Bullet selection for the .17 has always been a bit frugal and even more so now due to Berger stopping production of its 15 to 18 and even 37-grain bullets, bummer, I loved those old 15 pills. However 20-25 grain weights are the standard factory offering and actually are best suited for the .17 Rem, giving best overall ballistics and down range performance.
That .172” bore is a tiny hole to burn powder down and so, as one can imagine, the peak pressure curve is reached quickly and can go over the top with only the slightest change in powder weight, COL or temperature change. When working up a load 0.25 grain increments are recommended and keep an eye on those primers for flattening - indicating pressure problems.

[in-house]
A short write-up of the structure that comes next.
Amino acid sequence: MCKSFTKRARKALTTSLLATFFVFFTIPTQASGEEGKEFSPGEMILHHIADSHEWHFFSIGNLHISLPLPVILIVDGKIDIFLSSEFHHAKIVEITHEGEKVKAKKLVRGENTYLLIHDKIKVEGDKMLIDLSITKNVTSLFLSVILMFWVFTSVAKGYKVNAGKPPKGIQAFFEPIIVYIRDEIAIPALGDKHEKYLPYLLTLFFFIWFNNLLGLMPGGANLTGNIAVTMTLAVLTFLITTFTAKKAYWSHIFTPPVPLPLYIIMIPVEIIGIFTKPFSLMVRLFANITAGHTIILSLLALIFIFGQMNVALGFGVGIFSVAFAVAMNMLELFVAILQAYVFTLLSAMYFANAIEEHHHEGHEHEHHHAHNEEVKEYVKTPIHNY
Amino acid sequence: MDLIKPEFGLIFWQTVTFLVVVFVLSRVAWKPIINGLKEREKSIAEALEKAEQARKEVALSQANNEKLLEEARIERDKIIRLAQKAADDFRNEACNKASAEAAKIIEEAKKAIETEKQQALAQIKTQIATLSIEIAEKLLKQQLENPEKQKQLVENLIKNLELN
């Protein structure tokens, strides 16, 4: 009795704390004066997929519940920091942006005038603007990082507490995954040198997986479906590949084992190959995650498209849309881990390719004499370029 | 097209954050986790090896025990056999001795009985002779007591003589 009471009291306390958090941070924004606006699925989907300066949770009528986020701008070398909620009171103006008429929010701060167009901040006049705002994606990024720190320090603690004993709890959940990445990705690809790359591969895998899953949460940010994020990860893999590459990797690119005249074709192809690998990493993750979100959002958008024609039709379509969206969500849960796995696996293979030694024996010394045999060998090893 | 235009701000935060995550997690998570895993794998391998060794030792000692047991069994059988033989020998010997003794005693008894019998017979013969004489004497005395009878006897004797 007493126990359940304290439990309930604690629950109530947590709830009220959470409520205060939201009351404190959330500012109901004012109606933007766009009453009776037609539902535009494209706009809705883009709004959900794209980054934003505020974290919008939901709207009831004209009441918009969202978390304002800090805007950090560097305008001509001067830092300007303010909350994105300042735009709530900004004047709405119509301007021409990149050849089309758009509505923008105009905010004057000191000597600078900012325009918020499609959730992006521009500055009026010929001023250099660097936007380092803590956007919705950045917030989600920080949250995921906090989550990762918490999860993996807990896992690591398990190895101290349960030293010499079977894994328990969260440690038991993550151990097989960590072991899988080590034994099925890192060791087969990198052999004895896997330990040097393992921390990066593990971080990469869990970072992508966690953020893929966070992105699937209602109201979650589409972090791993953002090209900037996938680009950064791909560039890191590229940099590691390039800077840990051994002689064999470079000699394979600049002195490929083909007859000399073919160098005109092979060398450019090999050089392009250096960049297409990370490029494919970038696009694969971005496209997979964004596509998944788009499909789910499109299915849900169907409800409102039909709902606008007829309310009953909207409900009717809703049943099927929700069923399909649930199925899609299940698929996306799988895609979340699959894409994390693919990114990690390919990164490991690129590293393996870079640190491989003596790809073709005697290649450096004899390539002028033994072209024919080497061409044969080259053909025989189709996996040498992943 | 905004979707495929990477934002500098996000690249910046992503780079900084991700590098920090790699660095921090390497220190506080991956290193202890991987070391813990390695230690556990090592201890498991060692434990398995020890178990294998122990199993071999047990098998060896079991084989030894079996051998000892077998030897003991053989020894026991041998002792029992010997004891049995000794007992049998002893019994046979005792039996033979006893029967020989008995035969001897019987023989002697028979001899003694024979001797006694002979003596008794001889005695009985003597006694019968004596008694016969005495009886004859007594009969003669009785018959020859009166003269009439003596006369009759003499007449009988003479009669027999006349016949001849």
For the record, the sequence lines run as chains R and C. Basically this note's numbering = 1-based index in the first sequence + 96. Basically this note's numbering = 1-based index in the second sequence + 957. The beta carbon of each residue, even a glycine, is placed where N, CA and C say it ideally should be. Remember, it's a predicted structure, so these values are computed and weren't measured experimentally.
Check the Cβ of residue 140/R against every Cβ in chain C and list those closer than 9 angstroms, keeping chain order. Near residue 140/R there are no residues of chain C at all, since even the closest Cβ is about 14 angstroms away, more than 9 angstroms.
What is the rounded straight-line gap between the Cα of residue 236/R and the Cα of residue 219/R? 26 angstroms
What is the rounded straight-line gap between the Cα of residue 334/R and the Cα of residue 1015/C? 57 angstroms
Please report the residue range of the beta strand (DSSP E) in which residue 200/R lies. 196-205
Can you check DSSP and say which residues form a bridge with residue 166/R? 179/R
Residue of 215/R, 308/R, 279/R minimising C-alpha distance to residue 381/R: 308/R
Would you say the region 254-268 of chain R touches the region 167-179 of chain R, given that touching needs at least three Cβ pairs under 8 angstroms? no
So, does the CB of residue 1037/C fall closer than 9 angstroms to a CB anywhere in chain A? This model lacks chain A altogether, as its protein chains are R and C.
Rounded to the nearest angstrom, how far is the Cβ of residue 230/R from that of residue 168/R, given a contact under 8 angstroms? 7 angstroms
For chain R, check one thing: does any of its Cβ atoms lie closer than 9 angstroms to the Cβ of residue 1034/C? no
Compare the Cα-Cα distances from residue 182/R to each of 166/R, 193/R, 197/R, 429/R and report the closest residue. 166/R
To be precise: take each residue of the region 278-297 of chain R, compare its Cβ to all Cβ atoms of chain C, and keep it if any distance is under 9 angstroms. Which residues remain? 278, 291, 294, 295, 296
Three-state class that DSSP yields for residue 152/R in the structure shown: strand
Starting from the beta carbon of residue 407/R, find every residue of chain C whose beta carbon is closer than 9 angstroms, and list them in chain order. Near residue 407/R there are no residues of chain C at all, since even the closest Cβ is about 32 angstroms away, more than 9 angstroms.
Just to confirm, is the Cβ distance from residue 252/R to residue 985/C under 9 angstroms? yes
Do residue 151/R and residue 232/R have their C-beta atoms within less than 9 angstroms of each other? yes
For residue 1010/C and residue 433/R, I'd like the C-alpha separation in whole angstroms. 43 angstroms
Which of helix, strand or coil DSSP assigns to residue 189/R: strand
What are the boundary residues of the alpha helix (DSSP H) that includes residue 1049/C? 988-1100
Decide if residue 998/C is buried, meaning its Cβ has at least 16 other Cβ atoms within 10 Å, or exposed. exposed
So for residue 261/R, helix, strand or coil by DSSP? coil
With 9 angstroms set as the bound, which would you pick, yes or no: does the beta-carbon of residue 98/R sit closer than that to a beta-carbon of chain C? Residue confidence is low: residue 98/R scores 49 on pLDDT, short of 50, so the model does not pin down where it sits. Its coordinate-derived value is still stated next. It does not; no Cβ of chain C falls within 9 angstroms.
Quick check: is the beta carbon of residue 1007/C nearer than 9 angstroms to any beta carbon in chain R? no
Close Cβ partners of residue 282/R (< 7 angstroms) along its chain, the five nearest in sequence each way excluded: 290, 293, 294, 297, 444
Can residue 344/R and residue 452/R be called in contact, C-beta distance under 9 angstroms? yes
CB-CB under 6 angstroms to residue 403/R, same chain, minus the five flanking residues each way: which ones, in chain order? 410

Part of the appeal of the .17 Rem is its velocity potential coupled with terminal performance. Pushing a bullet too fast can cause it to come apart due to the high rotational torque exerted on the jacket. I have shot several five-shoot groups that only had three holes on target!
Cleaning poses problems too, a good bore guide such as Sinclair or Hornady are essential to stop the rod bending and damaging the rifling. Good cleaning rods are needed too; I use Dewey or Pro Shot rods and brushes as well as Sinclair. Generally I use Butch`s Bore Shine but KG12 solvent is excellent and Pro Shot Copper solvent (to remove copper) works very well.
Twist rates from rifles tested can vary from 1 in 12 to 1 in 9”, stick to 1 in 9” so 30-grainers stabilise well. If I am shooting Magpies, Crows etc then a rapidly expanding 20 -25grain bullet is tops, both provide super fast velocities coupled to a very flat trajectory and sheer on target energy transfer. They are also very safe to shoot as they do not exit the carcass and ricochets are less likely, just right for around the farm!